New molecule harnesses full visible spectrum of sunlight

New molecule harnesses full visible spectrum of sunlight

Scientists have discovered a molecule that can take advantage of the entire visible spectrum of sunlight. The molecule can both efficiently absorb sunlight and operate as a catalyst, triggering the conversion of solar energy into hydrogen, which can be used as fuel.

In a new paper, published this week in the journal Nature Chemistry, scientists suggest the novel molecule can be used to build more efficient solar cells and accelerate the transition to alternative, climate-friendly fuels like hydrogen.

“The whole idea is that we can use photons from the sun and transform it into hydrogen,” lead researcher Claudia Turro, a chemistry professor at Ohio State University, said in a news release. “To put it simply, we are saving the energy from sunlight and storing it into chemical bonds so it can be used at a later time.”

Turro and her colleagues were able to find a particle that absorbs the sun’s low-energy wavelengths, the infrared portion of the spectrum.

“What makes it work is that the system is able to put the molecule into an excited state, where it absorbs the photon and is able to store two electrons to make hydrogen,” Turro said. “This storing of two electrons in a single molecule derived from two photons, and using them together to make hydrogen, is unprecedented.”

Most previous efforts to make full use of the sunlight spectrum have focused on ultraviolet light, and most relied on catalysts made of two or more molecules to convert solar energy into hydrogen. Attempts to use a single-molecule catalyst proved inefficient.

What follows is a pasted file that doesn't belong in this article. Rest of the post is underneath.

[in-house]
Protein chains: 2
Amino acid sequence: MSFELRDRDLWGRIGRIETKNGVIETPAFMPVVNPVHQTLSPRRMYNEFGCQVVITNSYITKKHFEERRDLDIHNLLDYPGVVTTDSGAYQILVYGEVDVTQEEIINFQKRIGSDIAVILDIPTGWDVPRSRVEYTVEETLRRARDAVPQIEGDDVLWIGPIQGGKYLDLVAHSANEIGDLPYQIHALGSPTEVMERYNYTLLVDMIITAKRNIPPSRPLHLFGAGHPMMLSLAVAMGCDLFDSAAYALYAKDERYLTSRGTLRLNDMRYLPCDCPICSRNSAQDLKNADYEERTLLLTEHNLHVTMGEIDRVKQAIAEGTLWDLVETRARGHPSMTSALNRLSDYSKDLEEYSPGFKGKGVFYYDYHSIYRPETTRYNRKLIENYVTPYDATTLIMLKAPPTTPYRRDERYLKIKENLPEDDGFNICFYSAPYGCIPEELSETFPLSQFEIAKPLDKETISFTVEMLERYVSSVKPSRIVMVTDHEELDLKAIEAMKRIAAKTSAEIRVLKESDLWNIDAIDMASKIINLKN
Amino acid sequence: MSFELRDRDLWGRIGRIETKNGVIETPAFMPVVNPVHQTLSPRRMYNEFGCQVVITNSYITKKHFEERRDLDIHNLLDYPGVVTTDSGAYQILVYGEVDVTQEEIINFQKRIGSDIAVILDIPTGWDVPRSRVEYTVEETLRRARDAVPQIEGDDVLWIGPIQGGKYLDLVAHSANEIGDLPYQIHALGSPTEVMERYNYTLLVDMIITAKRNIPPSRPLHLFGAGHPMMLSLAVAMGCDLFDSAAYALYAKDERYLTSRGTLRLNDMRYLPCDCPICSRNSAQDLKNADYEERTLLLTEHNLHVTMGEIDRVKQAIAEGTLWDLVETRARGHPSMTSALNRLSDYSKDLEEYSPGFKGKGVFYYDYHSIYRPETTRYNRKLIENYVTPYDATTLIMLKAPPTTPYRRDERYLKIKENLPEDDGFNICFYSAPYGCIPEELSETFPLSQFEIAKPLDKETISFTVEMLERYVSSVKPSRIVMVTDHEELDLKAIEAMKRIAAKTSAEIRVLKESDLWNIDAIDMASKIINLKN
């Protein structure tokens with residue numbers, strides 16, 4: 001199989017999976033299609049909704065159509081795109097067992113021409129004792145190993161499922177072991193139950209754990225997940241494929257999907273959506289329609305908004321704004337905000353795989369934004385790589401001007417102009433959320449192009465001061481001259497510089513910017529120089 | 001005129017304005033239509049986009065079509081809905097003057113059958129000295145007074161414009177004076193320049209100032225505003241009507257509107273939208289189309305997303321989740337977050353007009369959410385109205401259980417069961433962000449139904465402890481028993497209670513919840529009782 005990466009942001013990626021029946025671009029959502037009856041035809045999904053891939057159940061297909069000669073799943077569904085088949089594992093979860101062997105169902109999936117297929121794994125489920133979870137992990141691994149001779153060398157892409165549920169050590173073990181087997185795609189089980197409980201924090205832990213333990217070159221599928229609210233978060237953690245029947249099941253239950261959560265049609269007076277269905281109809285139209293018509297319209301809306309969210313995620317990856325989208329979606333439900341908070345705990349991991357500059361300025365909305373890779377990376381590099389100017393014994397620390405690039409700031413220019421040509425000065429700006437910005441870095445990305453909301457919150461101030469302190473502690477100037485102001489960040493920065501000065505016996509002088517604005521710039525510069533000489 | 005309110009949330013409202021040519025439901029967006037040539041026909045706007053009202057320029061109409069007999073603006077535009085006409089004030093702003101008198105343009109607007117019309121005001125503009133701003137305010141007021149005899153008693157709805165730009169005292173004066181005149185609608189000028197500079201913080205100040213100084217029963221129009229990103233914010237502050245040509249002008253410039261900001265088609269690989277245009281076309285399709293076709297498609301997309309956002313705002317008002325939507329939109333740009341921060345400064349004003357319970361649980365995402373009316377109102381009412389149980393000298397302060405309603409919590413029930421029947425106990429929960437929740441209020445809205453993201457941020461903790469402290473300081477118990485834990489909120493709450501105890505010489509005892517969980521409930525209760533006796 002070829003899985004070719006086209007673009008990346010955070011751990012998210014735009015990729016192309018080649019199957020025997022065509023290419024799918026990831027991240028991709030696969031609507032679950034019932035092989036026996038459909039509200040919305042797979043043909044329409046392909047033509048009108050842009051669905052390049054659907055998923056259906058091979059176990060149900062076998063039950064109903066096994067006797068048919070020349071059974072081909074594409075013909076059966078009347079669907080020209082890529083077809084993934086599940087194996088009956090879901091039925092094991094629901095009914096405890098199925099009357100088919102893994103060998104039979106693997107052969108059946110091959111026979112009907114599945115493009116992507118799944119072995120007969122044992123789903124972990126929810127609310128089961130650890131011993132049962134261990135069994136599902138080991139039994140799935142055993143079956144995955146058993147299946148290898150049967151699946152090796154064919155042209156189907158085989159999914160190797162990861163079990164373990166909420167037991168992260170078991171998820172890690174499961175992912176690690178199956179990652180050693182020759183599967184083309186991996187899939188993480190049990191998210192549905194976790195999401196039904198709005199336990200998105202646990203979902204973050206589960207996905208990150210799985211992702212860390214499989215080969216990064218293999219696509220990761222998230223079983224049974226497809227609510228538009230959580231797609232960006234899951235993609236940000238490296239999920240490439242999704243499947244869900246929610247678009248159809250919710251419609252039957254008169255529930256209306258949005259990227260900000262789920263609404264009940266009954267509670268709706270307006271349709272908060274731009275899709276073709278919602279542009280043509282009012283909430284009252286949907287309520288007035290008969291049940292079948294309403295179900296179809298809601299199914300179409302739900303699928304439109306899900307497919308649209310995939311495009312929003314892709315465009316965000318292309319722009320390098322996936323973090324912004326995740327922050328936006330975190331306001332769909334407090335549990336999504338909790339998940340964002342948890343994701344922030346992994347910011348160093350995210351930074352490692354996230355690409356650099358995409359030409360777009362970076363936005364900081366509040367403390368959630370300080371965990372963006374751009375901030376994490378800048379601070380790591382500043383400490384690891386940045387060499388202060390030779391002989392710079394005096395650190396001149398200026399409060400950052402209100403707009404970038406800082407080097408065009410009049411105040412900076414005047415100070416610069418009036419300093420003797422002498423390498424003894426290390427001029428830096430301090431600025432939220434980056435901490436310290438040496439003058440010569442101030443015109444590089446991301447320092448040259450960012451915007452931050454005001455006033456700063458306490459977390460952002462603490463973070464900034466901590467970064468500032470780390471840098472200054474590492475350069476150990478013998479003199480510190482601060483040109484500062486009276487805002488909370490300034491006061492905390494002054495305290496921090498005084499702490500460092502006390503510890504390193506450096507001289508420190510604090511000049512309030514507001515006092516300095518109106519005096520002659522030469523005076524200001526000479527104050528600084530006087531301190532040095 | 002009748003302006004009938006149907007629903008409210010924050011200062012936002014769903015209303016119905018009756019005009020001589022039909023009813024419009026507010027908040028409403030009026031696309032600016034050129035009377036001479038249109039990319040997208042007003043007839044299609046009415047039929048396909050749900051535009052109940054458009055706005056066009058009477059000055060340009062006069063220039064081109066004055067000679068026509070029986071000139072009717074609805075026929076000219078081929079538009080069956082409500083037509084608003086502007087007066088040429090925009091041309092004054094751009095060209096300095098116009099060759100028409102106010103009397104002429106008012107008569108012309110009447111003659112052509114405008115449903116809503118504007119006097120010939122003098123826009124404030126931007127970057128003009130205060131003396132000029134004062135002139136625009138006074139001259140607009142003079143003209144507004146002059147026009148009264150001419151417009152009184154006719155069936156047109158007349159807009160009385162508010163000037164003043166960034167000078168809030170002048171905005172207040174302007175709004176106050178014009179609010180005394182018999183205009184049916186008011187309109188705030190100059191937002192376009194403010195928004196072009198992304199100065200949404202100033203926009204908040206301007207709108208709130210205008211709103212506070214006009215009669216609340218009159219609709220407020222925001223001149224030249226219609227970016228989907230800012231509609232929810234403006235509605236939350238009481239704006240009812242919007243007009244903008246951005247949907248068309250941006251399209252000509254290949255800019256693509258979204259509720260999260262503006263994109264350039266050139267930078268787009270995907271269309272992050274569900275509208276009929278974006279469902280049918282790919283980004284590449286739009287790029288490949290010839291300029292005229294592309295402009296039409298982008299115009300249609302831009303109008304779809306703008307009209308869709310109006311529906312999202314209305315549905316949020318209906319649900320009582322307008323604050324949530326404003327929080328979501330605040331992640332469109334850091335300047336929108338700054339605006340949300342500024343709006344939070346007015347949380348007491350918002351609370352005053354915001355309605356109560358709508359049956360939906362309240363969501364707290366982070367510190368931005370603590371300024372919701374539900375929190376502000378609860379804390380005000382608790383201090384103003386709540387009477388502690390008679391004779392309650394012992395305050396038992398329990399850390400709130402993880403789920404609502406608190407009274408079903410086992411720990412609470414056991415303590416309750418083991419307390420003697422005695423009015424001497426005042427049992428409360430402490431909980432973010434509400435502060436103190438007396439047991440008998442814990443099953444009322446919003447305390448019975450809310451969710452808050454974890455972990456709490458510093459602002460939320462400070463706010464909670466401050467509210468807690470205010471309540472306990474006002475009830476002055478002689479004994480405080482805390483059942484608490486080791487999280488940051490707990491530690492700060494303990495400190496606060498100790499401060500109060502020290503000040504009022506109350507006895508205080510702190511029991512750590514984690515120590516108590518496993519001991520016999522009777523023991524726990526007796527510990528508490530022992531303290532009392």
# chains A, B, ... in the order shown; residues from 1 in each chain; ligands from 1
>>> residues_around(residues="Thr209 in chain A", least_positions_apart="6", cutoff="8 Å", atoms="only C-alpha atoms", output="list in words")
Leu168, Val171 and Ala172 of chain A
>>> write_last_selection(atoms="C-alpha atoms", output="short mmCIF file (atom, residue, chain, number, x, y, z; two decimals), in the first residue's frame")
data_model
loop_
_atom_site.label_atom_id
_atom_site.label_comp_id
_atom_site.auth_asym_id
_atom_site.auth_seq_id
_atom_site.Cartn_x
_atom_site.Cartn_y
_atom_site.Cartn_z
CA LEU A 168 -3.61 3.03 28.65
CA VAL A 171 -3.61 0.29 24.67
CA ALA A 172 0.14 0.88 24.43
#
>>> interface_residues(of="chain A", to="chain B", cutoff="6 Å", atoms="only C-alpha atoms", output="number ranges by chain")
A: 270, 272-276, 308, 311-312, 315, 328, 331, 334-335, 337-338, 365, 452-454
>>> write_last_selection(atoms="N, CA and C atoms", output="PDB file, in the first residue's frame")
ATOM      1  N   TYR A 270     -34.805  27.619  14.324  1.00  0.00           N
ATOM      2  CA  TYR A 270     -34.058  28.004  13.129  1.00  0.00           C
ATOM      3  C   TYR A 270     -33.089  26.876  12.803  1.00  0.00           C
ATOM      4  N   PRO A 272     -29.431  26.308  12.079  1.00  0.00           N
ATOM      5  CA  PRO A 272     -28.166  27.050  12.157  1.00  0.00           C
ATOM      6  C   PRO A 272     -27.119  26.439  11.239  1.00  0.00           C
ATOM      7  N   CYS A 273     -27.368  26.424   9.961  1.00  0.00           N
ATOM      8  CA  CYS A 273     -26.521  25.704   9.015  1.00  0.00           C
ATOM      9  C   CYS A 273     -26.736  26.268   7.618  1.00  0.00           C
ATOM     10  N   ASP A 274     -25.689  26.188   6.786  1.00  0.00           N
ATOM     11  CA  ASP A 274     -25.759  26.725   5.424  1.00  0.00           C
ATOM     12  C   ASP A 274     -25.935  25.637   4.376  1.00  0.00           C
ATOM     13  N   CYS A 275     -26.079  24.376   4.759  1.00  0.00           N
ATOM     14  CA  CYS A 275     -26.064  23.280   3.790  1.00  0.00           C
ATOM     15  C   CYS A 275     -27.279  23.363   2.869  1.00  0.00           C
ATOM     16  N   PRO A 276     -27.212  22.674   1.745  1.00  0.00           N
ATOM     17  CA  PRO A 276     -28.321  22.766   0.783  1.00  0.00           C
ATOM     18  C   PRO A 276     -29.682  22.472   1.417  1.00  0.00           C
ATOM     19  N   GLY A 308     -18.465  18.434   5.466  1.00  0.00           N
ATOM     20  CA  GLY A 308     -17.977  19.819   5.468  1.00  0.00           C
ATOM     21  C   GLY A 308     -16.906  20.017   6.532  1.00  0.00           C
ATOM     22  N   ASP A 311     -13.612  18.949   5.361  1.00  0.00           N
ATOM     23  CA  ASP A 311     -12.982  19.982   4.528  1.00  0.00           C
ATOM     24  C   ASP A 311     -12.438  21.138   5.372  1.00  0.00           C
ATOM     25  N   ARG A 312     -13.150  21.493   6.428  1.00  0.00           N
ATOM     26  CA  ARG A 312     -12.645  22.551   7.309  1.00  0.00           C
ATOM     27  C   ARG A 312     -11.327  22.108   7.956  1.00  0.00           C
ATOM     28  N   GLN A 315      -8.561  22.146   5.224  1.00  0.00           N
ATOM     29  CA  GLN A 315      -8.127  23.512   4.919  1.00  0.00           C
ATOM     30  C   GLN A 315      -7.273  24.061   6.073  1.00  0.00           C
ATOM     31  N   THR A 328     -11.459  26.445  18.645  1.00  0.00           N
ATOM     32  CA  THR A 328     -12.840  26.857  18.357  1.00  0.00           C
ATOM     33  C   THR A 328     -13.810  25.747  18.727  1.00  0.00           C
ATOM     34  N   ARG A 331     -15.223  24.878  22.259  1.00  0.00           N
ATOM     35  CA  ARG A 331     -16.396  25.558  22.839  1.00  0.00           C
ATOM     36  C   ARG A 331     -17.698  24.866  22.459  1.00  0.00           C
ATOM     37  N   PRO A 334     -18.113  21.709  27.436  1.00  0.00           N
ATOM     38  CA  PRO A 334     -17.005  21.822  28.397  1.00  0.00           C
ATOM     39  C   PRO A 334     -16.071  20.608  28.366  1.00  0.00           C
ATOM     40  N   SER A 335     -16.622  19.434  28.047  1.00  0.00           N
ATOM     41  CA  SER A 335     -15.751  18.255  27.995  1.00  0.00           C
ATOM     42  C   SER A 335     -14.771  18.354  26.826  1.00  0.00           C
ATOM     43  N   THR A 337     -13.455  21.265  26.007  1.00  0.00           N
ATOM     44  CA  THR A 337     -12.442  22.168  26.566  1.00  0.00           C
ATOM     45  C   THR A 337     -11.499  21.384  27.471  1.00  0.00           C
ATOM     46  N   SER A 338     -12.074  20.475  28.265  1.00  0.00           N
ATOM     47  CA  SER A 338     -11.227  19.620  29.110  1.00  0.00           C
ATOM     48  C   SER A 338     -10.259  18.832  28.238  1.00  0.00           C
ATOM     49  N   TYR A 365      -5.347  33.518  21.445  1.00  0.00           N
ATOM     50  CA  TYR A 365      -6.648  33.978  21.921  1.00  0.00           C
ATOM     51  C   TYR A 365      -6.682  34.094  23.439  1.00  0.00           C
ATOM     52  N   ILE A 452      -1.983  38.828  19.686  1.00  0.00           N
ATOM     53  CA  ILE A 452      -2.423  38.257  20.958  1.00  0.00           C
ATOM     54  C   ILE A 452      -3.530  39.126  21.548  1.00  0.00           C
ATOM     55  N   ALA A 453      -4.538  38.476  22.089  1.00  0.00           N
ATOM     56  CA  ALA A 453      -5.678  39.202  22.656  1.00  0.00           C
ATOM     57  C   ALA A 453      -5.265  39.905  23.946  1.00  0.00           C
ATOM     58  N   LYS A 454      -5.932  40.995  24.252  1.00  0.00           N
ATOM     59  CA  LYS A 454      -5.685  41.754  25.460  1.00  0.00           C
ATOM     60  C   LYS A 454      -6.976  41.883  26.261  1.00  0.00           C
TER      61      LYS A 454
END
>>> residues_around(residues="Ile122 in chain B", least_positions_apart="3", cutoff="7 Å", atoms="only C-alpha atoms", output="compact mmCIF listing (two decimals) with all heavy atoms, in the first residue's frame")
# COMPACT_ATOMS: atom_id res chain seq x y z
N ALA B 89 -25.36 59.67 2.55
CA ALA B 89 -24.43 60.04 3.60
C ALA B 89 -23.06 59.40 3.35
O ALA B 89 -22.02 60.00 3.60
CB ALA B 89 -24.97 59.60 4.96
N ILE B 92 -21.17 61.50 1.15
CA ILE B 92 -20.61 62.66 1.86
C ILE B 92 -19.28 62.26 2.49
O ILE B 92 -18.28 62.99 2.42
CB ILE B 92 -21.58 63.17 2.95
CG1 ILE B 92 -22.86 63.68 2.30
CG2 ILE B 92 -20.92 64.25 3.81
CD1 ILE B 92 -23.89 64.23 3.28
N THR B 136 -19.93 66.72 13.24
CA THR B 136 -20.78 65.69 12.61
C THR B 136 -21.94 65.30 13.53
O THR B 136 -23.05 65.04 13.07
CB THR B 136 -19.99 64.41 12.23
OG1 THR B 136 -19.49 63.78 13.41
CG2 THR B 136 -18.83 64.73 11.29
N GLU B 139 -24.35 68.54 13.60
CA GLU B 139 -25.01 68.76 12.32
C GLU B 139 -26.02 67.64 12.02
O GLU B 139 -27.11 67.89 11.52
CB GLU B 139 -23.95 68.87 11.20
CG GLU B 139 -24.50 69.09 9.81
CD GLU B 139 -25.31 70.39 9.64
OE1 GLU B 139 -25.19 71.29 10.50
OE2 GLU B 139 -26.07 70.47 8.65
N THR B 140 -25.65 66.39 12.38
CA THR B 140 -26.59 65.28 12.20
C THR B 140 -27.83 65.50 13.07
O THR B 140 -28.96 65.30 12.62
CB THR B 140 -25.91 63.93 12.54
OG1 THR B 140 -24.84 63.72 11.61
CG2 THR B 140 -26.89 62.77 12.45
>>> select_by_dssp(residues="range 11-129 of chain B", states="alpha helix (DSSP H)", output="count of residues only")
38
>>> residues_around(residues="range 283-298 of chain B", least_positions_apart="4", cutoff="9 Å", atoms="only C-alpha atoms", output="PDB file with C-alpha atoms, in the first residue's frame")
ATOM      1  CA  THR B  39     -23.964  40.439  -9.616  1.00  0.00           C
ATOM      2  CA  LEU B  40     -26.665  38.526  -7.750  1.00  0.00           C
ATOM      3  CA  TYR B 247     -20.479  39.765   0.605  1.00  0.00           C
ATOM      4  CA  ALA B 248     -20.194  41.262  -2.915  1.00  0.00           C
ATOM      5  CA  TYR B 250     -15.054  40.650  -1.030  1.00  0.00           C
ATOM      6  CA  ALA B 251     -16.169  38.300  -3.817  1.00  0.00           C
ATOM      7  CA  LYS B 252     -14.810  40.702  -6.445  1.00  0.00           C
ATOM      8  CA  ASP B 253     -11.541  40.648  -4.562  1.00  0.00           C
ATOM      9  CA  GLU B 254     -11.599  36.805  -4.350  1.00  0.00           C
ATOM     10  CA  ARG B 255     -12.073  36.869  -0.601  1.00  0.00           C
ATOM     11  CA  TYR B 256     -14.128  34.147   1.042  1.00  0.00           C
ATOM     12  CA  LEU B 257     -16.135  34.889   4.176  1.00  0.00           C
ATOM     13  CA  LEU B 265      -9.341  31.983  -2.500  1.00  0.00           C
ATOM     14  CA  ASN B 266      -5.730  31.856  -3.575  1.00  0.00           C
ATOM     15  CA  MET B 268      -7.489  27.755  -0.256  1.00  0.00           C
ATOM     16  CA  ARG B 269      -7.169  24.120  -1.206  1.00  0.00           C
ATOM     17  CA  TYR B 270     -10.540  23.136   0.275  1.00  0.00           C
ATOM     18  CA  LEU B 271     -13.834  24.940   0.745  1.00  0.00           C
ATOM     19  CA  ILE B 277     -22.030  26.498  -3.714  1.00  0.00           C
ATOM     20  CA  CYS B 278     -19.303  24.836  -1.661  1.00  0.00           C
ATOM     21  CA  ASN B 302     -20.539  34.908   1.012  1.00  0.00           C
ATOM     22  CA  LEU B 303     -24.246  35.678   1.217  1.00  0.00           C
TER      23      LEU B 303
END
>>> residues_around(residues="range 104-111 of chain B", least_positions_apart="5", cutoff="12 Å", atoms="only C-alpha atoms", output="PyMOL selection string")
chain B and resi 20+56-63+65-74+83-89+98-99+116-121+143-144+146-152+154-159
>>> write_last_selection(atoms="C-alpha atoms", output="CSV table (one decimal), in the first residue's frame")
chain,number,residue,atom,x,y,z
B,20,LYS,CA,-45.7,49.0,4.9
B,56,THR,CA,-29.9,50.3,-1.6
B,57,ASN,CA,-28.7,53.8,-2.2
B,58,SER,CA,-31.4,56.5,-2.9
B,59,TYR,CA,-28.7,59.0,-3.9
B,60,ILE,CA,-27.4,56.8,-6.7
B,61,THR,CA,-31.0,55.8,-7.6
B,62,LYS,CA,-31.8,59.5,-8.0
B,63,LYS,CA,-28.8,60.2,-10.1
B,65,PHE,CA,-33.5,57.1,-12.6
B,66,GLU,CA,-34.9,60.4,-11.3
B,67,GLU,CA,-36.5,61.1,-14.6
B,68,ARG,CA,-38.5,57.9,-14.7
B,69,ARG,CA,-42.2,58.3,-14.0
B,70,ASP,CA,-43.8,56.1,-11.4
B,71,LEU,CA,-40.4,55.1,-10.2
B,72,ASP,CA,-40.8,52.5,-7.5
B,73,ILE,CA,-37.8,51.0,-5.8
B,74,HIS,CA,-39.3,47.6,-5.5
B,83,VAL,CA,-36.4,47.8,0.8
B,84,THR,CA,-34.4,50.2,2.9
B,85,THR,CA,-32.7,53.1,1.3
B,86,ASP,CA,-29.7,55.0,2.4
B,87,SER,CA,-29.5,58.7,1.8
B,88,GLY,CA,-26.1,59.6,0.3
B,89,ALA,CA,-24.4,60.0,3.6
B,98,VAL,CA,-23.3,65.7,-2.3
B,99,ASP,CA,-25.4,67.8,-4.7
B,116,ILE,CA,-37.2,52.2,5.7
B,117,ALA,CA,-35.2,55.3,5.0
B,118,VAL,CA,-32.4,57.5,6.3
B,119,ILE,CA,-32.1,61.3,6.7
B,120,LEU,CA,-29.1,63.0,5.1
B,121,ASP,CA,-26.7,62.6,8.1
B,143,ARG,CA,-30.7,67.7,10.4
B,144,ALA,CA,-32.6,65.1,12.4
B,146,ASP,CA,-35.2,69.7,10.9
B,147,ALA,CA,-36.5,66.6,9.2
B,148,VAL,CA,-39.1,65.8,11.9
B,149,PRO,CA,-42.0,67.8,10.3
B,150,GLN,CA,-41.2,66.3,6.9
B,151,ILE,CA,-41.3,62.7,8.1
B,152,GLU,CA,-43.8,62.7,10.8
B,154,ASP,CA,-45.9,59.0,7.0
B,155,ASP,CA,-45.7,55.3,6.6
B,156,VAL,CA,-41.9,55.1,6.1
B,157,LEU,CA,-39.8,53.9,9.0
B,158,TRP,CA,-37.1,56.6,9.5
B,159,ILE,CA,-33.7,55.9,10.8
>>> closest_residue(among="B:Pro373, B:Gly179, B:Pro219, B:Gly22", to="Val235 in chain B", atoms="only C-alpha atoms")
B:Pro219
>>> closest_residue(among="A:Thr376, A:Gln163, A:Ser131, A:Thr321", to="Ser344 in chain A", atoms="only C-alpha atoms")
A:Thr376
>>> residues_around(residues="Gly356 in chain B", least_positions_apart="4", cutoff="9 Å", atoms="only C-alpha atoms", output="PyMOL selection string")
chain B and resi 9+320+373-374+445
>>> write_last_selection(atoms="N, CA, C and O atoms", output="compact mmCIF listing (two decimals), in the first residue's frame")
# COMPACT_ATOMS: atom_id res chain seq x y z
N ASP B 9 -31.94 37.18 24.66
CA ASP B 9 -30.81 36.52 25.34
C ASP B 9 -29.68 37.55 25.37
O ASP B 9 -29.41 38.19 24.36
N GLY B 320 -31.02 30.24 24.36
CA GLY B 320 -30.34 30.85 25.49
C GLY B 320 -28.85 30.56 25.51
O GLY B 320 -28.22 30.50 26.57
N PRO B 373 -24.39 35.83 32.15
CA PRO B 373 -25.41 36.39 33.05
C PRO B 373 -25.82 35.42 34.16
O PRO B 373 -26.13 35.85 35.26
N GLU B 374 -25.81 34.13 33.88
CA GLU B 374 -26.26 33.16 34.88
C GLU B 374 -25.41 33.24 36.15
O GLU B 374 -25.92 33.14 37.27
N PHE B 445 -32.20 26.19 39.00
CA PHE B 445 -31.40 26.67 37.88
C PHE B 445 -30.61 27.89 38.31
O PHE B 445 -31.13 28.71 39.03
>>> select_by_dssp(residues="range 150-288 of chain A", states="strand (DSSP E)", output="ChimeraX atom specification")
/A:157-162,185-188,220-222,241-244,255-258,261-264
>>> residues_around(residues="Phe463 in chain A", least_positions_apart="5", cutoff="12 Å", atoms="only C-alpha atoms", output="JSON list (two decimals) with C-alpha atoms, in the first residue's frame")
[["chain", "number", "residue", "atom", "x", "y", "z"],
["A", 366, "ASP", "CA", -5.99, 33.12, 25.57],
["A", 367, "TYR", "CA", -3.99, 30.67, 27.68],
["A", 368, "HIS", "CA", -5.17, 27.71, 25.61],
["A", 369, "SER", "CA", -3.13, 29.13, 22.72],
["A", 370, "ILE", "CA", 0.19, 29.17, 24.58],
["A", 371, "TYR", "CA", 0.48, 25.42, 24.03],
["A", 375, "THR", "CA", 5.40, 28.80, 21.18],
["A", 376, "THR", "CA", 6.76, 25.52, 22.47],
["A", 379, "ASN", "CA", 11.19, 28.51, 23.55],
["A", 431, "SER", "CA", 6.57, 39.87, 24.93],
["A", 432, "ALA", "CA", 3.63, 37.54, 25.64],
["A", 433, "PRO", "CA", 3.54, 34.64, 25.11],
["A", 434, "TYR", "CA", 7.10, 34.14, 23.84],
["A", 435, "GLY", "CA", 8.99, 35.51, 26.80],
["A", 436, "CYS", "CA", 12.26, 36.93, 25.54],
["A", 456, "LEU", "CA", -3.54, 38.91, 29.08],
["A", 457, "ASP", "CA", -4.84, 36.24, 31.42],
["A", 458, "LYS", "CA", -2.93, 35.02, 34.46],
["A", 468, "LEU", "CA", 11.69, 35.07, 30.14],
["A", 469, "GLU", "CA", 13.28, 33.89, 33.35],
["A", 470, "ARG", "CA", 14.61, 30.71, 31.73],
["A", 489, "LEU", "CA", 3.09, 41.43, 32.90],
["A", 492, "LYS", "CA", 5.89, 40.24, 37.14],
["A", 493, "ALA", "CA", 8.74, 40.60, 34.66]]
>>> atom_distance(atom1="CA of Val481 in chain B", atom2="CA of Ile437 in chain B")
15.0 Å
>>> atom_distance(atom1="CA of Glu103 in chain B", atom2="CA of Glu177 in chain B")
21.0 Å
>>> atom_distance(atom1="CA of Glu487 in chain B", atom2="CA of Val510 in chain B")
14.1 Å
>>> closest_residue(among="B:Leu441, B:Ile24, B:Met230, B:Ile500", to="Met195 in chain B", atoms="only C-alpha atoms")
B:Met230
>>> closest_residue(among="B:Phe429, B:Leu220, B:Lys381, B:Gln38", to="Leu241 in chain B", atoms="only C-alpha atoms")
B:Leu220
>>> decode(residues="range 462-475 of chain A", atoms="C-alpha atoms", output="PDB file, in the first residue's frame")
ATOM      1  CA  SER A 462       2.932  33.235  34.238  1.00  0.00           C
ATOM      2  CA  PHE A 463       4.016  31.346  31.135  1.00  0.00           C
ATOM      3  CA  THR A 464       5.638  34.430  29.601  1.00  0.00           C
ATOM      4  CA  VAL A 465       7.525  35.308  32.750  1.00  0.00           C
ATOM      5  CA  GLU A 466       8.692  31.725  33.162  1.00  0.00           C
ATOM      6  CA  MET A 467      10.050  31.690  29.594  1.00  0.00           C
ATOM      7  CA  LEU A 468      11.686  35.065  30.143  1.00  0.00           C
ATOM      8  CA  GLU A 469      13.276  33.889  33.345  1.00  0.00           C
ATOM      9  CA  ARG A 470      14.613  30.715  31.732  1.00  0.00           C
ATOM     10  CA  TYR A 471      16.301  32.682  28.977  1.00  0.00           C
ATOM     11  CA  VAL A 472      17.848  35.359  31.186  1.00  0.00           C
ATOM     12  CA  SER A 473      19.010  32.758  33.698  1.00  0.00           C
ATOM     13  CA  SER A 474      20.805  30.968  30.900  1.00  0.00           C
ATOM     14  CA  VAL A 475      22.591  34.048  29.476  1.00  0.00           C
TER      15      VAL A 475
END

Scientists found that a single rhodium molecule can absorb the entirety of the visible light spectrum, from infrared to ultraviolent, and can catalyze the conversion of low-energy wavelengths into hydrogen without losing much energy.

To do all this, the molecule must be in an excited state. In the lab, scientists used an LED to excite rhodium molecules suspended in an acid solution.

“I think the reason it works is because the molecule is difficult to oxidize,” Turro said. “And we have to have renewable energy. Just imagine if we could use sunlight for our energy instead of coal or gas or oil, what we could do to address climate change.”

Scientists are now working to find a molecule that behaves similarly to rhodium, as the rare metal is expensive to process. Researchers also want to find a way to make the single-molecule catalyst produce hydrogen for a longer period of time.

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